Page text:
A stunning woman stands offering a basket of guavas, mangoes, and prickly pineapples in her outstretched arms. Behind her, a roaring waterfall spills into a crystal-blue lagoon, on the outskirts of which sky-high trees shelter sprouting vegetables. Hand-painted murals such as these span the walls of Sante Fe Tequila's elegant dining room, where Mexican and Latin plates line tables like colorful brushstrokes on a canvas.
Rife with modern creative touches, the menu bristles with dishes such as whole deboned fresh-caught fish and shrimp and mussels sautéed in white wine. Quality takes precedent over haste as traditional ceviche slow-cooks in lime and skirt steak marinates for a full day in Patrón tequila—all to complement amply stuffed chilies, burritos, fajitas, and enchiladas available with seafood or chicken. After a martini or margarita made with premium liquor, patrons can end the meal by grabbing one of the eatery's bright red tablecloths to distract any stray bulls they encounter on the way to the car.
From the outside, the combination of Don Juan Mexican Restaurant's Mission-style structure and neon-purple signs hints at both a family restaurant that showcases Mexican, Southwestern, and Spanish cuisine as well as popular spot for nighttime lounging. Warm candlelight flickers atop clothed tables as the wait staff drops off plates of chillies rellenos, paella, or cilantro-lime salmon, culinary traditions that garnered notoriety from Massapequa Patch. After the sun sets and they turn back into humans, visitors arrive to celebrate nights on the town by sipping margaritas made from freshly squeezed fruit juice on an open-air patio. Vintage Mexican posters and colorful artwork line the earthy, clay-colored walls, which creates a homey yet elegant backdrop for feasts of cheesy enchiladas suizas or creamy custard flan.
Cozymels' lengthy menu beaches mouths on the coast of Old Mexico with authentic flavors from the non-central locales of America's savory southern neighbor. Get acclimated to the restaurant's food ocean by starting with a traditional sampler—chicken nachos, spinach-mushroom quesadillas, and crispy chicken flautas with guacamole, jalepeños, pico de gallo, and sour cream ($12). An entree of enchiladas los cabos prolongs your taste buds' beach party with two enchiladas stuffed with sautéed shrimp, lump crab, and cheese, then topped with poblano cream ($14). Otherwise, keep it peninsular with the Yucatán especial (shrimp and scallops sautéed with spinach, red onions, mushrooms, tomatoes, and poblano chilis, topped with creamy Cancun sauce and served over Yucatán rice; $16) or venture into the spicy heart of flavor country with homestyle carne asada, a 10-ounce grilled skirt steak topped with spicy rajas mix, cheese, spicy gaujillo chili sauce, and served with Yucatán rice, refritos, and Mexican potatoes ($17). If your appetite is still struggling against the waves of savory flavors at the end of your meal, finish it off by running it over with a Cozy Cadillac margarita (Cazadores Silver, Cointreau, sweet and sour, and fresh lime; $11).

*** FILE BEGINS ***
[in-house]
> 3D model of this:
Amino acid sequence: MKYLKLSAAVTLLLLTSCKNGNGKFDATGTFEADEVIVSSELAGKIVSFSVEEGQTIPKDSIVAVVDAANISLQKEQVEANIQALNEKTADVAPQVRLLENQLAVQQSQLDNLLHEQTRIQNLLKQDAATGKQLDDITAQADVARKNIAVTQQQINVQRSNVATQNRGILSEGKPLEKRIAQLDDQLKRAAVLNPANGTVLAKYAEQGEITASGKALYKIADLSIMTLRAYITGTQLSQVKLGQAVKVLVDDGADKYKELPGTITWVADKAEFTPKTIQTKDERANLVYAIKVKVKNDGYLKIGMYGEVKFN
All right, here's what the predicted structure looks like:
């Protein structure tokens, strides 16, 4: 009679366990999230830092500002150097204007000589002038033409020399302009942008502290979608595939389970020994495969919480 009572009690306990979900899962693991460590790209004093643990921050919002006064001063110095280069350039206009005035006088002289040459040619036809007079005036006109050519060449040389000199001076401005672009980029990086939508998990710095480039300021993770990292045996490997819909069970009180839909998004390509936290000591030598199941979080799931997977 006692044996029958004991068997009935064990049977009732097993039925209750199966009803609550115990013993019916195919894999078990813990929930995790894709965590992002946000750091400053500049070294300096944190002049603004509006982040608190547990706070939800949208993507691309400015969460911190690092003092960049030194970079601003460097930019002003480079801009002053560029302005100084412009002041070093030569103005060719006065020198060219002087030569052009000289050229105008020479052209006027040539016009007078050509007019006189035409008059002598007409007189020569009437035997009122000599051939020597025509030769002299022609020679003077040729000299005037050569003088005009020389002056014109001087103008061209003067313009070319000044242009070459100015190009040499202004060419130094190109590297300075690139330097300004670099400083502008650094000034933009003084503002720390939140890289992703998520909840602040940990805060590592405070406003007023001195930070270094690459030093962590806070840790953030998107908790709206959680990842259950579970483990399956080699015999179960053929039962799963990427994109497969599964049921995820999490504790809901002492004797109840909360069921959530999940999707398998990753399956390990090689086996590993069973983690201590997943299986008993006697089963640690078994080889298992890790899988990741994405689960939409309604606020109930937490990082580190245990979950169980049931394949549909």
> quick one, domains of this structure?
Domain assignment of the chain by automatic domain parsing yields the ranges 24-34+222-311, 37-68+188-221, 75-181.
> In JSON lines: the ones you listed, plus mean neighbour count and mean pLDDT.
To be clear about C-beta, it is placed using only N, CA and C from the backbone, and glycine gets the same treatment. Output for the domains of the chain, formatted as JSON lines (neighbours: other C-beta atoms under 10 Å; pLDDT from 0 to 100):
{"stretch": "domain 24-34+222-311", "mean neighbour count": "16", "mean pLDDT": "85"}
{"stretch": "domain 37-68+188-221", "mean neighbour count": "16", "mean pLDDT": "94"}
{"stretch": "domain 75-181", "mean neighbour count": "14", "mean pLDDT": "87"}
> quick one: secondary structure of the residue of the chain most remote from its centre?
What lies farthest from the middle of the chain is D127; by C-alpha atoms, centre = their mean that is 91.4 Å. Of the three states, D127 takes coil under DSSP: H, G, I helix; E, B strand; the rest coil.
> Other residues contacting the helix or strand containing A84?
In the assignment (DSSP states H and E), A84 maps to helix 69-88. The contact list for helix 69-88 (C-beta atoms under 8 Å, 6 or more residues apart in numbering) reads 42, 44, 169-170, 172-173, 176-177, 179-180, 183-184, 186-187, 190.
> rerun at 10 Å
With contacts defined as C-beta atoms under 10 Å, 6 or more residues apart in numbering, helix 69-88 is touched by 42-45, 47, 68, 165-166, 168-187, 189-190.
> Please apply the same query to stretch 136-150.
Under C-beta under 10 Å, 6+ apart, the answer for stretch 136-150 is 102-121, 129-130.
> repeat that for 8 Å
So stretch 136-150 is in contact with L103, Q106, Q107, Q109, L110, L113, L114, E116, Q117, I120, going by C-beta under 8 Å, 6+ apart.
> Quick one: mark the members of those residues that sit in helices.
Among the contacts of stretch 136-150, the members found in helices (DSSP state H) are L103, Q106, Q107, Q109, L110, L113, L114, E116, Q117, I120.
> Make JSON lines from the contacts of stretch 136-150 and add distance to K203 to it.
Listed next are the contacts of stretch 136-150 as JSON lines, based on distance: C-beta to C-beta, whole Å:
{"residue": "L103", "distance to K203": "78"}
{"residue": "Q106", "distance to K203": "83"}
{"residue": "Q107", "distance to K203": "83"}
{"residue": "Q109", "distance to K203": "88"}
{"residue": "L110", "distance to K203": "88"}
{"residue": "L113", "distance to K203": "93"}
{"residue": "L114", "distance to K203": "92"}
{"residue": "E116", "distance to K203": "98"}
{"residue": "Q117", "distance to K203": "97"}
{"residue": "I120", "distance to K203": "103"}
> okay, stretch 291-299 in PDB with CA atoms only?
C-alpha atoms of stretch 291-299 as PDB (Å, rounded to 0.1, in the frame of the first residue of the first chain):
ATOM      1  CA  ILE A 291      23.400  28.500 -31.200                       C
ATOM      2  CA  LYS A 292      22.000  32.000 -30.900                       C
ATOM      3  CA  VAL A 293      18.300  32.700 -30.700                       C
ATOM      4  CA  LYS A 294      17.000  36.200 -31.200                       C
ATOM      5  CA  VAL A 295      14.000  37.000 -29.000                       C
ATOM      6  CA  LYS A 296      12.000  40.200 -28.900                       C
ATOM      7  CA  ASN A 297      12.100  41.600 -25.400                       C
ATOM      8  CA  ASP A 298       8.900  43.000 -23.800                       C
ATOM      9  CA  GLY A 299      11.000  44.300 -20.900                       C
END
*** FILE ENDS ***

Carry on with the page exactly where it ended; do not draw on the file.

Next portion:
Maria’s Cantina cultivates a comfortable, homey feel from its implementation of Old-World recipes to its use of fresh, organic ingredients from nearby farms. The accommodating staff treats its customers like extended family, inviting them to lounge at sleek wooden tables as they sup on painstakingly prepared tacos, sip top-shelf margaritas, or leaf through the chef’s grandparents’ wedding album.
Two stories of tables cuddle guests and support steaming plates loaded with El Patron Mexican Grill's collection of Mexican and Latin cuisine. The ceviche mixto whets appetites with flaky red snapper and shrimp steeped in fresh lime juice, and tostones con todo crisp up green plantains instead of pressuring them to grow up and become a banana. Chefs pack crabmeat into a grilled chicken breast and douse the succulent parcel with creamy almond sauce to create the pechuga al cangrejo entree. Grilled steaks infiltrate the menu under a variety of savory aliases, surrounded by sautéed onions, guacamole, and a cheese enchilada in the tampiqueña or sporting a chimichurri moustache in the churrasco.
When food expediters erupt from Poco Loco Mexican Restaurant's kitchen, their arms are hidden beneath stacks of fajitas, enchiladas, and accents of sweet mole. The cozy eatery has welcomed guests into the aromatic embrace of its exposed-brick walls and Mexican tapestries for 20 years and keeps the party going with flat-screen TVs and whirring margarita blenders. After patrons cool palates with a traditional, lime-marinated ceviche, they can retreat to the outdoor patio for some sun or question servers about the philosophical ramifications of being one who is consistently waiting.